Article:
A cubic metre of "empty" air contains 10,000 bacteria or more, and interest in the role of air as a habitat – not merely a conduit – for microbes has grown enormously since the start of the COVID-19 pandemic. In collaboration with researchers on the mainland and the US, the PolyU-led team spent around a year sampling airborne microbes across the world, from ground level to mountaintops. Combining their own results with the most accurate global data collected in past studies, they and their research partners compiled the first ever atlas of the global airborne microbiome.
The atlas provides a wealth of insights into the microbial communities floating above the ground. There is no doubt that the air is a unique harbour of bacterial life. Genetic analysis by the team showed that the core communities – the handful of species that form an outsized proportion of the microbe population – were not the same in the air as those in marine or soil ecosystems. In fact, even though the air is a free-flowing medium with seemingly no internal boundaries, these core bacterial communities are distinctly localised and stable.
The research team analysed the bacterial communities of 370 individual air particulate samples collected from 63 sites around the world, ranging from those at ground level (1.5 – 2 m high) to rooftops (5 – 25 m high) and high mountains (5,238 m asl), as well as from densely populated urban centres to the Arctic Circle, for a more diverse coverage in terms of altitudes and geographic regions.
Prof. Xiang-dong LI, Chair Professor of Environmental Science and Technology and Dean of Faculty of Construction and Environment of PolyU who led the research team, said, "We have verified that human activities have certainly changed the structure of microbiomes in the natural ambient air, particularly with a higher abundance of pathogenic bacteria in urban air. Having experienced the pandemic for three years, people now pay more attention to this invisible but influential microbial community. The research outcomes could be served as a critical reference for predicting planetary microbiome responses and the health impacts of inhalable microbiomes with future environmental changes."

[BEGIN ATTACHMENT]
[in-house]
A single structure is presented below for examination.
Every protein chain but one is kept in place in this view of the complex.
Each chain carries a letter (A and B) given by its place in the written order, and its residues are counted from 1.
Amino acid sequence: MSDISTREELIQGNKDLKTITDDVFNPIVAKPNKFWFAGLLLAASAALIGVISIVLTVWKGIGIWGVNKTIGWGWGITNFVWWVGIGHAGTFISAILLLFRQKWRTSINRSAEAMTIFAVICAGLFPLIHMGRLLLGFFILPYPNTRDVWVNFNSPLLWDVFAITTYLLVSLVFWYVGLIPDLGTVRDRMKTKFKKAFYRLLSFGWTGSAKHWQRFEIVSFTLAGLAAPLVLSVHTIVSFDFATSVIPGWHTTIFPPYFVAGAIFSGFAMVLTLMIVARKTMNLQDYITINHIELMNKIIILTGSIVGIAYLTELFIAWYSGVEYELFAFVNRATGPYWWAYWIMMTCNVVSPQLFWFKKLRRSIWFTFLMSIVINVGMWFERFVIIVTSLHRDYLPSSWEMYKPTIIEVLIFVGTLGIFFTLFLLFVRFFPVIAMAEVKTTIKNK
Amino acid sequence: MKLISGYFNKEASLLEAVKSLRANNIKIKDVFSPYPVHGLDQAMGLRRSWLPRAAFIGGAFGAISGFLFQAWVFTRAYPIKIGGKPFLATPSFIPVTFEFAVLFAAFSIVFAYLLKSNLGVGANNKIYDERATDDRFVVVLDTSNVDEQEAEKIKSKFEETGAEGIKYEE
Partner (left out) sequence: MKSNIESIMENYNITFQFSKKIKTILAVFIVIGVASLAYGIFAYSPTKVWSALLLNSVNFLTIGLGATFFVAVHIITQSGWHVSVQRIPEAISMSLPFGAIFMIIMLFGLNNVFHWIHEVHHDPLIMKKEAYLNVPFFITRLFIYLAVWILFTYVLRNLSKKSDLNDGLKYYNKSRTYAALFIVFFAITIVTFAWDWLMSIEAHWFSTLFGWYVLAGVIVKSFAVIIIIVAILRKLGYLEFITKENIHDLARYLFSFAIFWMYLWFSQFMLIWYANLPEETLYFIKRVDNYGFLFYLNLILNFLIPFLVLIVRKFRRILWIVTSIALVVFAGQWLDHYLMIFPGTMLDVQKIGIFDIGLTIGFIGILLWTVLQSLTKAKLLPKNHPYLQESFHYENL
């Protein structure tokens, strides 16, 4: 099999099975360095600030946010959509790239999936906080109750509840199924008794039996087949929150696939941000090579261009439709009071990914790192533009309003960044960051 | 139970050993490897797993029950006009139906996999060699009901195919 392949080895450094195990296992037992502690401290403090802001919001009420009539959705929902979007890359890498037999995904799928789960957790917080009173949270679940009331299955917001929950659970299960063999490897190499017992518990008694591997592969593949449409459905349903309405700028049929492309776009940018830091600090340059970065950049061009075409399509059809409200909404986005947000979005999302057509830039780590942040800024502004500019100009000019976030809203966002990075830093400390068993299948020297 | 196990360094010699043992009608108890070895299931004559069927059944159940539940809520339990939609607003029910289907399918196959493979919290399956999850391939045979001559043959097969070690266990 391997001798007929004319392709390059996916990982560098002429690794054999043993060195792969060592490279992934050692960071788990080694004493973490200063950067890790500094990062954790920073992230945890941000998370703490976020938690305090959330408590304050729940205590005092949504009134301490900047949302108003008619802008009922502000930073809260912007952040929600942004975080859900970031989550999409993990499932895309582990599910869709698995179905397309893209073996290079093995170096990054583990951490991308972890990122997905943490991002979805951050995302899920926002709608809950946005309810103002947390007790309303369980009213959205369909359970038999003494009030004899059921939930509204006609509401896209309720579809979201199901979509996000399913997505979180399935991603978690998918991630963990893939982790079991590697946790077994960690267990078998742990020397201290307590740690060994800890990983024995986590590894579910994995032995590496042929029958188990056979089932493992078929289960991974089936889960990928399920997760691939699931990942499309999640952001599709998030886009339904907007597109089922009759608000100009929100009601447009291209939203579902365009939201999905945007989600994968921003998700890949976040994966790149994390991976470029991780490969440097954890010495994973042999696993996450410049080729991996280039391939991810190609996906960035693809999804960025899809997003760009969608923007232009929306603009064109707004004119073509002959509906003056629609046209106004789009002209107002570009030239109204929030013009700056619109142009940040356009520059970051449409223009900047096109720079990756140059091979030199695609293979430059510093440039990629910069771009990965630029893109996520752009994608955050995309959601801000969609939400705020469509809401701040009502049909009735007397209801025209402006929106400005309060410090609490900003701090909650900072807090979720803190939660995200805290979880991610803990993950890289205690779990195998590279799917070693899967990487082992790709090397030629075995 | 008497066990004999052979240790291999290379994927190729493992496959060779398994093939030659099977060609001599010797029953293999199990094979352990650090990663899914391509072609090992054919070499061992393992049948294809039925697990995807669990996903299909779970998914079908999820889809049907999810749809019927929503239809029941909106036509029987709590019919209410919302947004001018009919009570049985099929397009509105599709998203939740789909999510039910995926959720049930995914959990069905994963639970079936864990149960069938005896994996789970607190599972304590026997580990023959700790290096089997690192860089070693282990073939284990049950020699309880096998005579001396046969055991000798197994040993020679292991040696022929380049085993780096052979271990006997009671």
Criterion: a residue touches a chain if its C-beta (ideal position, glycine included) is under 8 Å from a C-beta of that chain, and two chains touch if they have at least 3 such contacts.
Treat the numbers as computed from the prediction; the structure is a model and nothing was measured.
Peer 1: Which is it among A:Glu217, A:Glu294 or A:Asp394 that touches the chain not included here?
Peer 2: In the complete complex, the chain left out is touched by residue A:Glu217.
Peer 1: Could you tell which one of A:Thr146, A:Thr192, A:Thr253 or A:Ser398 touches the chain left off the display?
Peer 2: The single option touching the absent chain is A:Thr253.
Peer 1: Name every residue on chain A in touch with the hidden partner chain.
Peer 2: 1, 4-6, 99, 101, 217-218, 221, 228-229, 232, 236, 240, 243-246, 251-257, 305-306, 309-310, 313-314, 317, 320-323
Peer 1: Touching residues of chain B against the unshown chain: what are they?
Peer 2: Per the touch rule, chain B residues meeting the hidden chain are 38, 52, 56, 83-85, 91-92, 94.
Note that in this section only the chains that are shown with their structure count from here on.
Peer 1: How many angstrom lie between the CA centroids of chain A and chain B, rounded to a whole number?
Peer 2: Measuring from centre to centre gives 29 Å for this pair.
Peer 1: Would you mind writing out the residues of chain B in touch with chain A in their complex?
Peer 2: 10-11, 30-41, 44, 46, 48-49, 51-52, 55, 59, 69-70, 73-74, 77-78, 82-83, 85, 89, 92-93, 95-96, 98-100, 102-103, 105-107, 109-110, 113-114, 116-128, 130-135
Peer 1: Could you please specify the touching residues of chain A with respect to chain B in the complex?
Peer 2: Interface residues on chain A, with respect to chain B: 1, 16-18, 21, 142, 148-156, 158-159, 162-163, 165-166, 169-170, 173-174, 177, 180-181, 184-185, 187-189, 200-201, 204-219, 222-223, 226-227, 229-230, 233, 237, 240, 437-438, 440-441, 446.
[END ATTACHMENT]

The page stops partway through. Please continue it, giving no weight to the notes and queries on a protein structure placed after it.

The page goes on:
The researchers estimate that the total number of microbes occupying the sea or soil is thousands of times larger than those in the air. Nonetheless, the aerial diversity of microbes – known as "richness" – is just as high. This suggests that surface habitats directly contribute microbes to the air. Overturning previous assumptions, vegetation is not the main terrestrial source of airborne bacteria, and the Earth's vast tracts of soil provide very small fraction. The crashing of waves, the shaking of leaves, and even frequent activities and constant respiration of animals and humans are bigger drivers of bacterial exchange between the surface and the air.
Macroscopic life, notably animals and plants, is most diverse in equatorial regions (consider, for example, warm and wet rainforests), and its diversity decreases closer to the poles. For microbes, the picture is more interesting – moving from the equator, diversity maximises at mid-latitudes before falling away again. This pattern was well established for terrestrial and aquatic microorganisms, but the new atlas confirms that it applies to the airborne microbiome, too. The authors surmise that the "bump" in diversity at mid-latitudes is caused by stronger sources of microbial input to those regions.
Overall, the researchers estimate that half of airborne bacteria originate from ground sources. Urban air has especially high rates of human-associated bacteria – some harmless, others pathogenic. Direct transfer of germs from people to air is not our only effect on the airborne microbial world. Broad-scale activities such as industrialisation disrupt natural environments and impact air quality. This weakens the environment's "filter" effect on microbial structure, making the composition of airborne bacteria more affected by random processes – although weather still plays an important role too.
The close relationship between modern human activities and the microbes around us underscores the need to predict future changes accurately. The inhalable infectious bacteria that proliferate in cities are particularly of concern considering rapid urbanisation and our growing understanding of airborne contagion, spurred by COVID-19 research. Climate change is another impetus, given the marked effect of temperature on microbial richness, as revealed by the atlas. Hence, the study provides an invaluable resource and an important new perspective for future public health research.
The PolyU team collaborated with Prof. James M. TIEDJE, University Distinguished Professor at Michigan State University and scientists from mainland China in the study. The findings were published in the Proceedings of the National Academy of Sciences (https://www.pnas.org/doi/full/10.1073/pnas.2204465119), a peer-reviewed journal of the USA National Academy of Sciences.